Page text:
It's Been a Year!

I arrived in Los Angeles exactly one year ago today! On April Fools' Day. (The jokes here are just too obvious.)  I showed up with a very clear vision of what I wanted to do and a very vague notion of how to get there -- just a lot of unfounded confidence that it would all work out...  


If this were a corporate Year-End Review, these would be my "deliverables."

  • -- I launched my website. (Congrats, you're here!)



  • -- I got a job as a Writers' Assistant working for Comedian/Showrunner Greg Fitzsimmons and with funny ladies Angela V. Shelton and Frances Callier on a ratchet VH1 pop culture show. I learned so much about strip clubs and trap music. My quest for knowledge is never-ending.

Greg Fitzsimmons, Frances Callier, Angela V. Shelton, and me in the Writers Room on set.

Greg Fitzsimmons, Frances Callier, Angela V. Shelton, and me in the Writers Room on set.

  • -- I was invited to participate as a writer for the 2014 Diversity Sketch Comedy Showcase. I moved to LA not knowing anyone really. And then I fell in with this talented group of hyphenates, e.g., actor-writer-comic-singer-dancer-producer-director-bartenders. Thanks to Showcase, I knew that if I went missing for more than 2 weeks, someone would call me, if for no other reason than to ask if they could borrow a turtleneck to use in a sketch (because apparently, I look like I own turtlenecks). I do own turtlenecks.

Somewhere during this experience, LA started to feel like home.





Sketch by Mo Welch: Larry Bird Auditions for "So You Think You Can Dance"

  • -- I also got a manager! (I'm really excited about this.)

  • -- And I started taking improv classes at The Groundlings.

Not bad, right?


Fun Fact: I've made less money in all of the time that I have been a freelance comedy writer person than I did in one week as a lawyer.

I'm including in this calculation the time that I got my dry cleaning for free because I offered to write a thoughtful response to a negative YELP review that my dry cleaner suspects was written by a competitor. (It's official. I'm a paid comedy writer!)

My CPA insists that I stop referring to myself as "unemployed." For tax purposes, he insists that I'm "self-employed unsuccessfully."

(Oh, I should add to my list of deliverables that I found an amazing CPA who pulls rabbits out of hats.)

By the way, do you know how hard it is to try to rent a new apartment while being both black and  "self-employed unsuccessfully?" You have to talk fast and smile a lot.

One day, this will all be a fun testimony for my memoir.  In the meantime...



Pretty much.


I finished writing my first original pilot. Yay!

And I got lots of thoughtful and thorough notes on it from respected industry professionals.

The consensus statement: "Great job! It needs a total rewrite. Congrats!"

And then I crawled under my sheets and hid out for 2 days.

Actually, I went to Bloomingdale's and treated myself to a luxury linen bedding set. Then, I crawled underneath them for 2 days.  (My spending habits have not yet caught up with my new earning reality. This, I have learned, does not happen over night.)

However, the most harrowing realization is that when I walked away from my career as a corporate lawyer, I didn't just walk away from financial security and certainty with respect to my future (a/k/a partnership track). I also walked away from being really good at something. I'm starting over from the bottom. I'm a rookie. And that's been a real mind fuck.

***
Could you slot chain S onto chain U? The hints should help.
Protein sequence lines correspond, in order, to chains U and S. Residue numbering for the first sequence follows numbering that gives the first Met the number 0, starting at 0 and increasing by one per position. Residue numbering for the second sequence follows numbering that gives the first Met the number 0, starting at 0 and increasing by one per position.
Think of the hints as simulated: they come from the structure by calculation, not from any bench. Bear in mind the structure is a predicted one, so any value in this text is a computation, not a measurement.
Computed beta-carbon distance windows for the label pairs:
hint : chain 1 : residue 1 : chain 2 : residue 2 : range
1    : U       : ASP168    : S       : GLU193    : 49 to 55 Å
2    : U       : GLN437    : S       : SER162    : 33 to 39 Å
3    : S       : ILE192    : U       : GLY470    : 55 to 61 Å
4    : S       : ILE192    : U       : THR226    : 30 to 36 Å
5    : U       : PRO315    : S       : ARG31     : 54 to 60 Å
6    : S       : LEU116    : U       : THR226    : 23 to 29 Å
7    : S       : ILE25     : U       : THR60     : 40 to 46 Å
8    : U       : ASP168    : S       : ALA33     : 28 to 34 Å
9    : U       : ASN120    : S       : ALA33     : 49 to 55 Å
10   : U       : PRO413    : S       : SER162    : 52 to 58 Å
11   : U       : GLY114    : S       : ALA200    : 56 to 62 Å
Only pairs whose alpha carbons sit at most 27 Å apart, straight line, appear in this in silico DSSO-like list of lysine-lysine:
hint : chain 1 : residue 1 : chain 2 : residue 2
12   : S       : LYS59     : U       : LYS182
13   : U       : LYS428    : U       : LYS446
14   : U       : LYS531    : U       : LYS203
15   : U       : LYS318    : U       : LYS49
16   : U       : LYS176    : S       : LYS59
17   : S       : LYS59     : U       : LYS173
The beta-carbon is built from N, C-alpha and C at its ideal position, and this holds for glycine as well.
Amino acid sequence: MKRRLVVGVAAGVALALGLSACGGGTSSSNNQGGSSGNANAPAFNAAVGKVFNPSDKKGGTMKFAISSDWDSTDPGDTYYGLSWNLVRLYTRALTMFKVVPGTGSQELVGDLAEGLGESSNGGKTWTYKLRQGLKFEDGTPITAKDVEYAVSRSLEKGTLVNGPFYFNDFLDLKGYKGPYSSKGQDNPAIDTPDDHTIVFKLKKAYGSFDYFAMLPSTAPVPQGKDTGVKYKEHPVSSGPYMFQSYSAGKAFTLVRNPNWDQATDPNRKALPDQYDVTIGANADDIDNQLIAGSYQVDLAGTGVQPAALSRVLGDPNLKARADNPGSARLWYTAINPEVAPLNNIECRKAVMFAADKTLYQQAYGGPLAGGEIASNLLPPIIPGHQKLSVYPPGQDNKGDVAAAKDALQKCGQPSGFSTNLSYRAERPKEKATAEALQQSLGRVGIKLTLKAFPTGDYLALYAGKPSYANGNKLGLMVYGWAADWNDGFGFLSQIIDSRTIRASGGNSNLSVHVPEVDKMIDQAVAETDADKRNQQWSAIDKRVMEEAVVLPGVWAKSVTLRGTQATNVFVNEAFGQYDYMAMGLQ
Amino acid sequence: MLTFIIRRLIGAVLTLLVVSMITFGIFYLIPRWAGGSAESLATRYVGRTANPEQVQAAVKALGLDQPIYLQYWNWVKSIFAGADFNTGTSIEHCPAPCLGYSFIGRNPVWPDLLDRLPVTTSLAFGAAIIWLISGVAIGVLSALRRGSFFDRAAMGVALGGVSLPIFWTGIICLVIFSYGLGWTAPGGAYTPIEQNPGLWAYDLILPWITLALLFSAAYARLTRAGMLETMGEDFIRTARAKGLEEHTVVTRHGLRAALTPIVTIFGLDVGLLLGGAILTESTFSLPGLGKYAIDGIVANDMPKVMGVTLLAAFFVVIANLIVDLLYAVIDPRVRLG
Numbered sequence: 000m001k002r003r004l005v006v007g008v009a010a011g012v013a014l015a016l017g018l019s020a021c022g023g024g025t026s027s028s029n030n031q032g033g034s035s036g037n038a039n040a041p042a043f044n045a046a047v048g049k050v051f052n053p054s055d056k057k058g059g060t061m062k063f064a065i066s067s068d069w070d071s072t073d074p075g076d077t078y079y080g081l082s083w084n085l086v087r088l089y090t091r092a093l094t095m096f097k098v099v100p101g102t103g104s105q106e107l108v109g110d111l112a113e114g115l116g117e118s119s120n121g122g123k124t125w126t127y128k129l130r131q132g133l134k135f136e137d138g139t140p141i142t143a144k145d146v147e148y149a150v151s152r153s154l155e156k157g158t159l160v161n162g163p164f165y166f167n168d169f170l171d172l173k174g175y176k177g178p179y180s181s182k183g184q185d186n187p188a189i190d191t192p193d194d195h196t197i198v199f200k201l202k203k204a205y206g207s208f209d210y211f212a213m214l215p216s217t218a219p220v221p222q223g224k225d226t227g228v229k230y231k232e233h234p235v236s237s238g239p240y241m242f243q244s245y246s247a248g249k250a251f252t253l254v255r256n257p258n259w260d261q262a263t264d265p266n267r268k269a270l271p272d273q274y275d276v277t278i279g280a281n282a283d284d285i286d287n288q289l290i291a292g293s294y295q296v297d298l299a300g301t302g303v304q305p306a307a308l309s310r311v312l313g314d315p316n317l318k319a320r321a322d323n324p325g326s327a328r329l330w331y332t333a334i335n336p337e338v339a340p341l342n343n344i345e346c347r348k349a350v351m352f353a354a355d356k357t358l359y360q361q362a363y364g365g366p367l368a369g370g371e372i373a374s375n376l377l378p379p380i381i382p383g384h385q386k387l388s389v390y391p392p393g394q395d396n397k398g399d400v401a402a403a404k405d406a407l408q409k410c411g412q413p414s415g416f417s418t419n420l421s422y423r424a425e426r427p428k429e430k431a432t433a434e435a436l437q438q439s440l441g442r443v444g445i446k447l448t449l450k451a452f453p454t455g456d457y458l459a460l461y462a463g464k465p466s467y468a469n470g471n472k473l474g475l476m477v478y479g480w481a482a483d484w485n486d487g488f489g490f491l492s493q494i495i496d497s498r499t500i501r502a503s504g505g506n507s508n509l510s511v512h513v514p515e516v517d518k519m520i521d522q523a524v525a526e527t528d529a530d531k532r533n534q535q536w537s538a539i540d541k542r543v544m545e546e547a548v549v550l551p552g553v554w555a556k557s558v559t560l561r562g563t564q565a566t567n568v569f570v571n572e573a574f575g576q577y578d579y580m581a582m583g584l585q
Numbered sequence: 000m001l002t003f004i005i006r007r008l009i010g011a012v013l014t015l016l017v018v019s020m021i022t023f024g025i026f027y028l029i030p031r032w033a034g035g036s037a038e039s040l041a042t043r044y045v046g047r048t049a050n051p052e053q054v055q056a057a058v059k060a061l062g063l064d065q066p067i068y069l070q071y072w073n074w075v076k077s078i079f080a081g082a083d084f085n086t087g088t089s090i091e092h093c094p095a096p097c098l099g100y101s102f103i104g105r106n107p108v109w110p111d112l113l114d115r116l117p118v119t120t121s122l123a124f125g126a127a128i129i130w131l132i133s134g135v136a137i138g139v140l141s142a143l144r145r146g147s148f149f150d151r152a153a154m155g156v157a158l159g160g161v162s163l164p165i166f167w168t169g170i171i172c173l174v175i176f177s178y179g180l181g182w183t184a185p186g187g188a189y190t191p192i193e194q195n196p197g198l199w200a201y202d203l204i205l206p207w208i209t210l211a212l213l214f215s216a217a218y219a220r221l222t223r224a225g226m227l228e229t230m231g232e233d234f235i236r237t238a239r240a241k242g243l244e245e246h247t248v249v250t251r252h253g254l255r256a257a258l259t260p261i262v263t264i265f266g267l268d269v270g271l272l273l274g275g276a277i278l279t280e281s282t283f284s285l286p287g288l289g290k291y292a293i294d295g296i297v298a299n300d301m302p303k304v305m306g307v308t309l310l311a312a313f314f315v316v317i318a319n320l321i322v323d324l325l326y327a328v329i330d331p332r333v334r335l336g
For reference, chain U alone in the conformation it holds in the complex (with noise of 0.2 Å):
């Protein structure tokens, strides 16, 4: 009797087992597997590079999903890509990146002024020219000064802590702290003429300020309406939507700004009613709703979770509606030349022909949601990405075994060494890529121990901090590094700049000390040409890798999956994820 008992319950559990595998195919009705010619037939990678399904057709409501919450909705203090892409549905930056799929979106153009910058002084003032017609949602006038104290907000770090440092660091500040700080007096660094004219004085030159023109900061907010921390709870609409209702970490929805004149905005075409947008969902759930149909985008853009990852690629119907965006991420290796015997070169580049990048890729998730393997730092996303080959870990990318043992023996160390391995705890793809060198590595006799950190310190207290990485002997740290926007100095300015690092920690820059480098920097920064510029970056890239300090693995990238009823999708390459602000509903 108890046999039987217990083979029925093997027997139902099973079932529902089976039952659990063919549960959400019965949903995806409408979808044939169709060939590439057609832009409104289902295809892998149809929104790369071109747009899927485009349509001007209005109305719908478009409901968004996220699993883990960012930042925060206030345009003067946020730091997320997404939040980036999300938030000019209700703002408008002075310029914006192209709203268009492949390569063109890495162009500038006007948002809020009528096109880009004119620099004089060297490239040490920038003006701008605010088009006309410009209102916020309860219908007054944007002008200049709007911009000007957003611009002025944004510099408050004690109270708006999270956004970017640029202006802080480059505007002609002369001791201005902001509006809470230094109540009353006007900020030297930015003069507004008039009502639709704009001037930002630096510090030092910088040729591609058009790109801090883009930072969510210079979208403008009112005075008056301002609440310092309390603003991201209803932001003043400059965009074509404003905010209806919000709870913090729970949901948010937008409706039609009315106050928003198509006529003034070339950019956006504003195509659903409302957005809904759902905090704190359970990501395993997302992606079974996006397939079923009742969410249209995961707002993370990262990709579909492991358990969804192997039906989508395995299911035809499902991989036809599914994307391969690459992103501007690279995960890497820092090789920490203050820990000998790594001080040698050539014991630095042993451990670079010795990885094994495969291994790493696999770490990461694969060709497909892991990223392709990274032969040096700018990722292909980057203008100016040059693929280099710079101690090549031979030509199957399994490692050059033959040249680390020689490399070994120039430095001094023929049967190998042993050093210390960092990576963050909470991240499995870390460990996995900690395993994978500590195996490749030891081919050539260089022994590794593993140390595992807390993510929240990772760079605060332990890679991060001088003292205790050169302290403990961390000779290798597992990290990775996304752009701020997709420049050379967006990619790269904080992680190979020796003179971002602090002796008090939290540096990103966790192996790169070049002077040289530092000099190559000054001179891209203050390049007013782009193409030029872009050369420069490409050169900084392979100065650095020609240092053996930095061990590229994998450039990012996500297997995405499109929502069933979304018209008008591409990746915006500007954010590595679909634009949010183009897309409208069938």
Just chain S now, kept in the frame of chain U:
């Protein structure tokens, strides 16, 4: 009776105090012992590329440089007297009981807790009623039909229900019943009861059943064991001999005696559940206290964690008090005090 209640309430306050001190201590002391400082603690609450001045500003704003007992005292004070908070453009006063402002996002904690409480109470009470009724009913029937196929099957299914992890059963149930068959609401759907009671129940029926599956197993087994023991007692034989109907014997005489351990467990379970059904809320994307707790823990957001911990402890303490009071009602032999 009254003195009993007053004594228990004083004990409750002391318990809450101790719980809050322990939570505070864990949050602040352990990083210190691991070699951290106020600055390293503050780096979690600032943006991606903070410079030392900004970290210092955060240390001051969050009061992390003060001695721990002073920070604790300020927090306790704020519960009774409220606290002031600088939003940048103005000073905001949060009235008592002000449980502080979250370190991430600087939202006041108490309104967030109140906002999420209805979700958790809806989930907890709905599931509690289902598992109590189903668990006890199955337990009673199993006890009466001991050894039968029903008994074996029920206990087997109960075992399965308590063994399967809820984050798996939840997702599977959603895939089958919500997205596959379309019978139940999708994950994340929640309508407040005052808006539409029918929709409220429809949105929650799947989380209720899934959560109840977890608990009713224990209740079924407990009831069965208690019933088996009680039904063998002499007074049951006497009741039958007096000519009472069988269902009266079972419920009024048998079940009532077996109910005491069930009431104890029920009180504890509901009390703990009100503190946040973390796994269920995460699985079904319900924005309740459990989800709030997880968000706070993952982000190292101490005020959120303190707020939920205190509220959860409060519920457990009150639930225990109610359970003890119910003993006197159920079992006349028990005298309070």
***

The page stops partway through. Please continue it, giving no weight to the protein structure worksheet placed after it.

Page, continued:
I'm now on the fourth draft of my first original pilot.


To live my life more transparently: The challenge is to reduce the distance between who I am and who I let you see. To be even more authentic (if you can imagine that) without concern for other people's expectations. I'll either become a success story or a cautionary tale. Either way, the lesson will be valuable to someone.

To chill out: I'm a self-employed comedy person living in Los Angeles, California. I write for at least 4 hours every day, no matter what. Most of the time it's something no one is paying me to write. Because no one asked me to write it. I take classes. I get on stage. I do the work to get better at what I do. I network and take meetings. I pitch myself. This is no longer a new thing that I'm doing. This is the gig. This is my life.

To relax:And it's a marathon. Not a sprint. So I should remember to relax. Make friends. Have fun. (It took me 8 months to finally make it to the beach. It will probably take me another 8 years before I can wrap my mind around the fact that I live in a city where it's perfectly acceptable to bring your dog into a restaurant. BARF. But those are other blogs. Stay tuned.)

To be grateful: I've been told many times that people would die (or sometimes that they would kill) for some of the opportunities that I've had this year. I don't know which stakes are higher (die vs. kill). Either way, I've been abundantly blessed, and I'm grateful for God's favor.

But, of course, being content is not my strong suit. I never check in with myself and acknowledge that I'm doing ok. I always feel like I need to be doing more. So I jolted out of bed at 4 a.m. every single day in the month of February in a deep panic: "What's next????"

So the goal is to learn how to appreciate where I am while simultaneously striving for more.

To make money: Like hand over fist, ya'll.


It's been a whole year since I packed up and moved to Hollywood to "pursue a career in comedy."

At a party I went to in Beverly Hills a month ago, Comedian Tommy Davidson announced, "KIM AND KANYE ARE FIGHTING IN THE PARKING LOT!"

Apparently, this is my dream.  (And Dr. King's dream too.)